Anxiety disorders are among the most prevalent psychiatric conditions in the U.S. and in most other populations. Approximately 25% of the U.S. population meets criteria for at least one anxiety disorder. Anxiety is more common in women than men, and women have a 30% chance of experiencing an anxiety disorder some time during the course of their lives. Anxiety disorders include Generalized Anxiety Disorder, Panic Disorder, Social Anxiety Disorder, Post-Traumatic Stress Disorder, Obsessive-Compulsive Disorder, and specific Phobias.
What is Anxiety?
Anxiety is a diffuse, unpleasant, vague sense of apprehension that is often accompanied by physical symptoms such as headache, stomach discomfort, perspiration, or tremulousness. Most people experience anxiety from time to time; pathologic anxiety (that which is considered adisorder due to severity of symptoms or impact on functioning), although common, is not normal and often necessitates psychiatric treatment.
The Distinction between Fear and Anxiety
Fear and anxiety act as alerting signals; they warn of impending danger and enable a person to take measures to deal with a threat. Fear is a rational response to a known, external, definite threat. Anxiety, on the other hand, is typically fear that is out of proportion to the severity of or the likelihood of the perceived threat.
Generalized Anxiety Disorder
Generalized Anxiety Disorder (GAD) is ongoing, excessive worry or fear that occurs more days than not for at least 6 months. Most people worry from time to time, but those with GAD worry so much that it interferes with their day to day life. Other signs of GAD include: trouble falling or staying asleep, muscle tension, irritability, trouble concentrating, fatigue or low energy level, and/or restlessnesss or feeling keyed up or on edge.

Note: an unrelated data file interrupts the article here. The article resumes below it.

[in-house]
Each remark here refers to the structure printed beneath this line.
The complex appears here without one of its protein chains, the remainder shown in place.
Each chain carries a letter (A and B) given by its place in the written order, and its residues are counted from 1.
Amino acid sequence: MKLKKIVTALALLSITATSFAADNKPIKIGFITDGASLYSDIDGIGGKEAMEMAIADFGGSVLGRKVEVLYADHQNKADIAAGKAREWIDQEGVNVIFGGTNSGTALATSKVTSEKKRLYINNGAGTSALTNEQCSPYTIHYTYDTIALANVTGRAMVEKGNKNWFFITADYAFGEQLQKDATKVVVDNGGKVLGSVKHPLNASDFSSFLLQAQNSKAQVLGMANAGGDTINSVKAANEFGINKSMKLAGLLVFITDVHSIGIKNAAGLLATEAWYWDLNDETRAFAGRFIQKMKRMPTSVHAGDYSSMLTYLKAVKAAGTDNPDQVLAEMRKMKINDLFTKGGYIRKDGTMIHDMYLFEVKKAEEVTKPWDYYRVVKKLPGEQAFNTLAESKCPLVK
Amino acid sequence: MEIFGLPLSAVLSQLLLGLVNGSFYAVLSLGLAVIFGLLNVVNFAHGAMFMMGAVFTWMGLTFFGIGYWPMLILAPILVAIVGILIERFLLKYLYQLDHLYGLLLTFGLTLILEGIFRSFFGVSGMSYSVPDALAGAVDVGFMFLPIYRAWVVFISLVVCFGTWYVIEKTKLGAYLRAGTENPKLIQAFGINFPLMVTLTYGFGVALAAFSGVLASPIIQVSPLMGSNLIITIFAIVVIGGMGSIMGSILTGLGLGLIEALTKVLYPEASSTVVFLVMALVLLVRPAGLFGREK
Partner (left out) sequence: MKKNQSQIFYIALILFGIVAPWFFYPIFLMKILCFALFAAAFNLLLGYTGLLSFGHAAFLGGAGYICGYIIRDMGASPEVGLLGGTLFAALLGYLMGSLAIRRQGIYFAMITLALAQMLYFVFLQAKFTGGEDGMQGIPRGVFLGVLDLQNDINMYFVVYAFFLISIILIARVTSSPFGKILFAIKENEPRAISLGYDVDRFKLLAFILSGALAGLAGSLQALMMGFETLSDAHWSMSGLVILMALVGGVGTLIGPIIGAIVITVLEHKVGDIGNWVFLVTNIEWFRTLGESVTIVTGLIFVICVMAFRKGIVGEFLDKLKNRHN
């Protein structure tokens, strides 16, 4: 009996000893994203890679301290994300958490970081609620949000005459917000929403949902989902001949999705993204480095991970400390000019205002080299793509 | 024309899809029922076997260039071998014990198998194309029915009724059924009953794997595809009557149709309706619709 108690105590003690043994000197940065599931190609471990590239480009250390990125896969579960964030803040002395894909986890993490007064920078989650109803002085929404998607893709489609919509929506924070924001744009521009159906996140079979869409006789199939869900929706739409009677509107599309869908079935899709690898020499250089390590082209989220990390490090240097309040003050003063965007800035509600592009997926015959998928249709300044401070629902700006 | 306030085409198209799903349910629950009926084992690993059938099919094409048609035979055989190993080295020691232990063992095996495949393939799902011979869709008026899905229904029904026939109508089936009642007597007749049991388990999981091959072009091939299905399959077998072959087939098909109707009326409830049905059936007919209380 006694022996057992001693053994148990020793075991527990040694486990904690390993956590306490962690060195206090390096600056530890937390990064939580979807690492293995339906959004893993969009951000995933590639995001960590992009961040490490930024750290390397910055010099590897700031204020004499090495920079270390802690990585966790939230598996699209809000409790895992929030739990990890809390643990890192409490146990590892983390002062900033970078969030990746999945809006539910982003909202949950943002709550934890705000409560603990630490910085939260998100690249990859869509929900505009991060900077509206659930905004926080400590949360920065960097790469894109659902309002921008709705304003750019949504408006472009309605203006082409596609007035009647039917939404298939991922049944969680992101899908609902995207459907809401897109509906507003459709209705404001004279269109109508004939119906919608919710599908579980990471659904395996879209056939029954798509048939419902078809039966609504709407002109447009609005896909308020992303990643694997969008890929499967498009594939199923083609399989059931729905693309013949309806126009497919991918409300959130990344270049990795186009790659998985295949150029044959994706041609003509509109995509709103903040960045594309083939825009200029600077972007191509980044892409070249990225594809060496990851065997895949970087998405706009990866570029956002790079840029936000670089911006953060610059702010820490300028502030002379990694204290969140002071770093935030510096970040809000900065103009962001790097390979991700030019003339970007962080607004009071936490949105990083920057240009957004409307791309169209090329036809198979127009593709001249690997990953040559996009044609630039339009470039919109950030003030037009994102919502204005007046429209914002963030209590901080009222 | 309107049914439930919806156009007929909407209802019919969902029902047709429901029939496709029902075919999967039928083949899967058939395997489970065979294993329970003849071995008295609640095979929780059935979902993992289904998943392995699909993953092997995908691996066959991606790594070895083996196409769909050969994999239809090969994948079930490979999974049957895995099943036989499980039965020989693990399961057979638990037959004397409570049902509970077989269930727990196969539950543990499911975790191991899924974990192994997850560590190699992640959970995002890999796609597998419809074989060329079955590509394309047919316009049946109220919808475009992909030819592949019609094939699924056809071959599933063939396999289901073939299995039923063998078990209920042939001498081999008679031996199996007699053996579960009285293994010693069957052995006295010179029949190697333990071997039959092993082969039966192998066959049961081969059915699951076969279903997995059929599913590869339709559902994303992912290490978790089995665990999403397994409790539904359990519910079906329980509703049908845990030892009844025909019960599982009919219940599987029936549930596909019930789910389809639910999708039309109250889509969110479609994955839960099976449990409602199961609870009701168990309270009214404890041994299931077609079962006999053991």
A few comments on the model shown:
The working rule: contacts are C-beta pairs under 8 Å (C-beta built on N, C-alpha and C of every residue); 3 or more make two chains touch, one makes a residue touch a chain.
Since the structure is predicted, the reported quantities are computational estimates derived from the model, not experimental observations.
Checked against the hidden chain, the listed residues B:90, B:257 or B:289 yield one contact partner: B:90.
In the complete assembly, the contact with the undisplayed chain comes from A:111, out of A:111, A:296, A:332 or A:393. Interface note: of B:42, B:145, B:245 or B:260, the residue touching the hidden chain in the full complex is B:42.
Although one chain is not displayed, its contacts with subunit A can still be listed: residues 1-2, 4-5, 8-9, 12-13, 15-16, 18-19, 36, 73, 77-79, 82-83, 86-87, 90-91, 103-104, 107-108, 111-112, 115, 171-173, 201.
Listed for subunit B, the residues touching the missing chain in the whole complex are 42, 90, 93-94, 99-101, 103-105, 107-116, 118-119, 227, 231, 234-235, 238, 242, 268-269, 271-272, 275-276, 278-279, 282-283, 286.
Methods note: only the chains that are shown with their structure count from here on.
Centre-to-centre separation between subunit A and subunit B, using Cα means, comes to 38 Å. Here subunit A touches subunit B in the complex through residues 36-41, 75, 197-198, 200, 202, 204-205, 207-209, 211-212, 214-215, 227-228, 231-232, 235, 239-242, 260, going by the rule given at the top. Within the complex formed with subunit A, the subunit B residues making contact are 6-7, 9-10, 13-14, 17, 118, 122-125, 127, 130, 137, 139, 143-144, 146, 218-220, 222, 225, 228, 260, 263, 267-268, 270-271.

Patients with GAD typically respond very well to appropriate treatment with medication, but GAD typically responds more robustly to a combination of medication and counseling or psychotherapy.
Get help for anxiety by scheduling an appointment with Dr. Fairweather at (817) 283-4300.
Panic Disorder is a common condition in which a person has episodes of intense fear or anxiety that occur suddenly (often without warning). These episodes–callled panic attacks or anxiety attacks–can last from minutes to hours. Common symptoms of panic attacks are shortness of breath, heart racing, chest pain or tightness, sweating, shaking, nausea, lightheadedness or dizziness, out-of-body sensations, tingling or numbness (typically in the face, hands or feet), chills or hot flashes, feeling that you are choking, and a sense of impending doom or fear of dying, losing control, or going crazy.
Many of the symptoms that occur during a panic attack are the same as the symptoms of diseases of the heart, lungs, intestines or nervous system. The similarities between panic disorder and other diseases may add to the person’s fear and anxiety during and after a panic attack.
Just the fear of having a panic attack is often enough to trigger the symptoms, and many panic disorder patients worry excessively about when the next panic attack may occur. Most panic disorder patients do not have all of the above symptoms at once; however, the presence of at least four symptoms, if they occur simultaneously, strongly suggests that a person has panic disorder.
Treatment of panic disorder is essential, as the disorder is often disabling and tends to worsen with time. After you have been thoroughly evaluated, Dr. Fairweather will be able to tell you if your panic attacks are related to panic disorder or are caused by another psychiatric or medical condition. There are several highly effective treatments for panic disorder. Based on your particular symptom picture and your psychiatric and medical history, Dr. Fairweather will prescribe appropriate treatment. Most patients see improvement almost immediately. Many patients, once treatment has been optimized, are completely free from panic attacks.